The Xs and Os of the proposed Romney Military Budget
October 13, 2012
As can be seen in the graph below, Romney’s base defense budget will increase by $355 billion (55%) from 2013 to 2022. But is that enough to protect the United States from an existential military threat from other nations? A case study my be illustrative.
Since Romney has characterized Russia as “our number one geopolitical foe” maybe he believes that increasing the base defense budget by 55% is required to keep Putin, et al. in check. A conservative might agree, especially one of the resurgent neo-conservatves advising Romney.
Moderates might argue that any existential threat to the U.S. will not come from nation states with functional governments but from amorphous terrorists groups less amenable to containment by aircraft carriers and nuclear submarines.
Is Romney’s budget increase necessary to contain Russia, his number one geopolitical foe, or do we already have sufficient resources to have an incontrovertible and decisive advantage on the field? Since it seems that Americans are often more interested in the football field than the geopolitical filed it may be illustrative to compare the United States and Russia in terms of Xs and Os.
According to the Stockholm International Peace Research Institute (SIPRI) 2012 yearbook, the U.S. spent $711 billion on military expenditures in compared to Russia’s $80.7 billion. Those are big numbers and what appears to be a significant differential but let’s push the football analogy. There are 11 players on a football team so we could calculate the individual salary of the Russian time by dividing $80.7 billion by 11 to get $7.3 billion pr player. Let’s assume that we pay the American players the same salary so dividing $711 billion by $7.3 billion would mean that the U.S. would have 96 players. Since I’ve gone this far down the rabbit hole, we might as well visualize how this differential would appear on a football field.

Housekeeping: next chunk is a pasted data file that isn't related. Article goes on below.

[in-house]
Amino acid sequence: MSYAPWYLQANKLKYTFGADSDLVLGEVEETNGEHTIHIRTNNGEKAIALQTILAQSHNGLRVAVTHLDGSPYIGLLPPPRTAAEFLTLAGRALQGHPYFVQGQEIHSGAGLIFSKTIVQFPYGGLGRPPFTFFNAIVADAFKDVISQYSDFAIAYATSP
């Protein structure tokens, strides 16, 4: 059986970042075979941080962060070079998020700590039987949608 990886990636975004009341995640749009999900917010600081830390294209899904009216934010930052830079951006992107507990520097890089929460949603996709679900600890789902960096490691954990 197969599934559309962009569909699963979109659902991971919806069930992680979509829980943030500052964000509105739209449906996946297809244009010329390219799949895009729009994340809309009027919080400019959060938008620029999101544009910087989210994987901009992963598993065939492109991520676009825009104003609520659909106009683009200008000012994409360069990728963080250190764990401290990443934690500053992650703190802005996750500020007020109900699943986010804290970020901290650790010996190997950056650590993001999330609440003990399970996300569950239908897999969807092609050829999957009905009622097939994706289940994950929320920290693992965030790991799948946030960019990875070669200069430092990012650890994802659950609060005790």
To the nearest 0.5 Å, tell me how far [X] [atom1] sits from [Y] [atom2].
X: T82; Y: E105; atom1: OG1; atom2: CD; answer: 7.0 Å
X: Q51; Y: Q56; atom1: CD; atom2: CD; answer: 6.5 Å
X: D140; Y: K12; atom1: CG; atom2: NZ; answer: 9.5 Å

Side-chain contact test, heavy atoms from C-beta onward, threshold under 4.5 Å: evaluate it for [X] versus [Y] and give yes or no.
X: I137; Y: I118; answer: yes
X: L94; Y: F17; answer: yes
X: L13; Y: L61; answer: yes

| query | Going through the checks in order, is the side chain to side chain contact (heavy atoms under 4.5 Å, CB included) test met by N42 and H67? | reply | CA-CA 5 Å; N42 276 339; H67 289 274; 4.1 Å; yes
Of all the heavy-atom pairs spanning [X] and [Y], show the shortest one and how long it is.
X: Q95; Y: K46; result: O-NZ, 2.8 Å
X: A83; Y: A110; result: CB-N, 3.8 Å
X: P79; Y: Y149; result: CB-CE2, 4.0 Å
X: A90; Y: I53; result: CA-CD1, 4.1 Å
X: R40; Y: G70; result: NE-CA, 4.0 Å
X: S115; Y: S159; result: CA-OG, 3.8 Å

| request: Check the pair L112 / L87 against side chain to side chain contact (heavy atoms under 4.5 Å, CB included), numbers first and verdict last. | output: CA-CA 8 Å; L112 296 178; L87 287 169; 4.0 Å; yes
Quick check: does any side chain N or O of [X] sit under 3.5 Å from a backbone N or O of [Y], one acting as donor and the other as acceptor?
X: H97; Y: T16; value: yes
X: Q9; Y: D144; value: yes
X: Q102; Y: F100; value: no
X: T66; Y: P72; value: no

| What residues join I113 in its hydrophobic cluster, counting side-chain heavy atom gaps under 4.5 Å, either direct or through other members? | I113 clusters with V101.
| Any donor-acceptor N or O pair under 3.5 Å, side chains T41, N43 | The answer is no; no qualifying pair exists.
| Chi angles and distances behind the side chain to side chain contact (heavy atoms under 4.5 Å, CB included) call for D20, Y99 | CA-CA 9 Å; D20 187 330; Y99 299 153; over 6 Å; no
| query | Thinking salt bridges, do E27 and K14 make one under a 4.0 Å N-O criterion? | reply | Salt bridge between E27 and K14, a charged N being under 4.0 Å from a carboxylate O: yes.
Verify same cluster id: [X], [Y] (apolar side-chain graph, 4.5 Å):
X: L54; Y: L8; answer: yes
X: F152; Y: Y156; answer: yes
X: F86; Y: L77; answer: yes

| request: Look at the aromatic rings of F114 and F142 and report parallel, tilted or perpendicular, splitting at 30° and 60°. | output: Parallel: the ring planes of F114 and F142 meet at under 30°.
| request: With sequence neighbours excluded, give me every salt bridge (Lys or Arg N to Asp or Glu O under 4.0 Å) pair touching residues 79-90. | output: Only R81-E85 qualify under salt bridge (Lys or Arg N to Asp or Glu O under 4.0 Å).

I’m really not that much of a football fan but even I can tell that the likelihood of the Russian team advancing the ball is rather remote. If Romney is elected President and implements his 55% military budget increase we would need to add an additional 52 players to the field – if we could find room for them.
I readily concede this is an absurd example, but so is increasing the military budget by such a ridiculous amount. Some have speculated that Romney isn’t really serious about the radical increase in military spending and have suggested it is because a certain segment of the voting population will respond to saber rattling no matter how absurd it may be. Some have also suggested that Romney has only proposed such a preposterous increase so that he may offer to reduce it as a concession during possible, future negotiations. It is for the former group that I present this football analogy with the hope that it may resonate with them and they will recognize that at some point, enough is enough.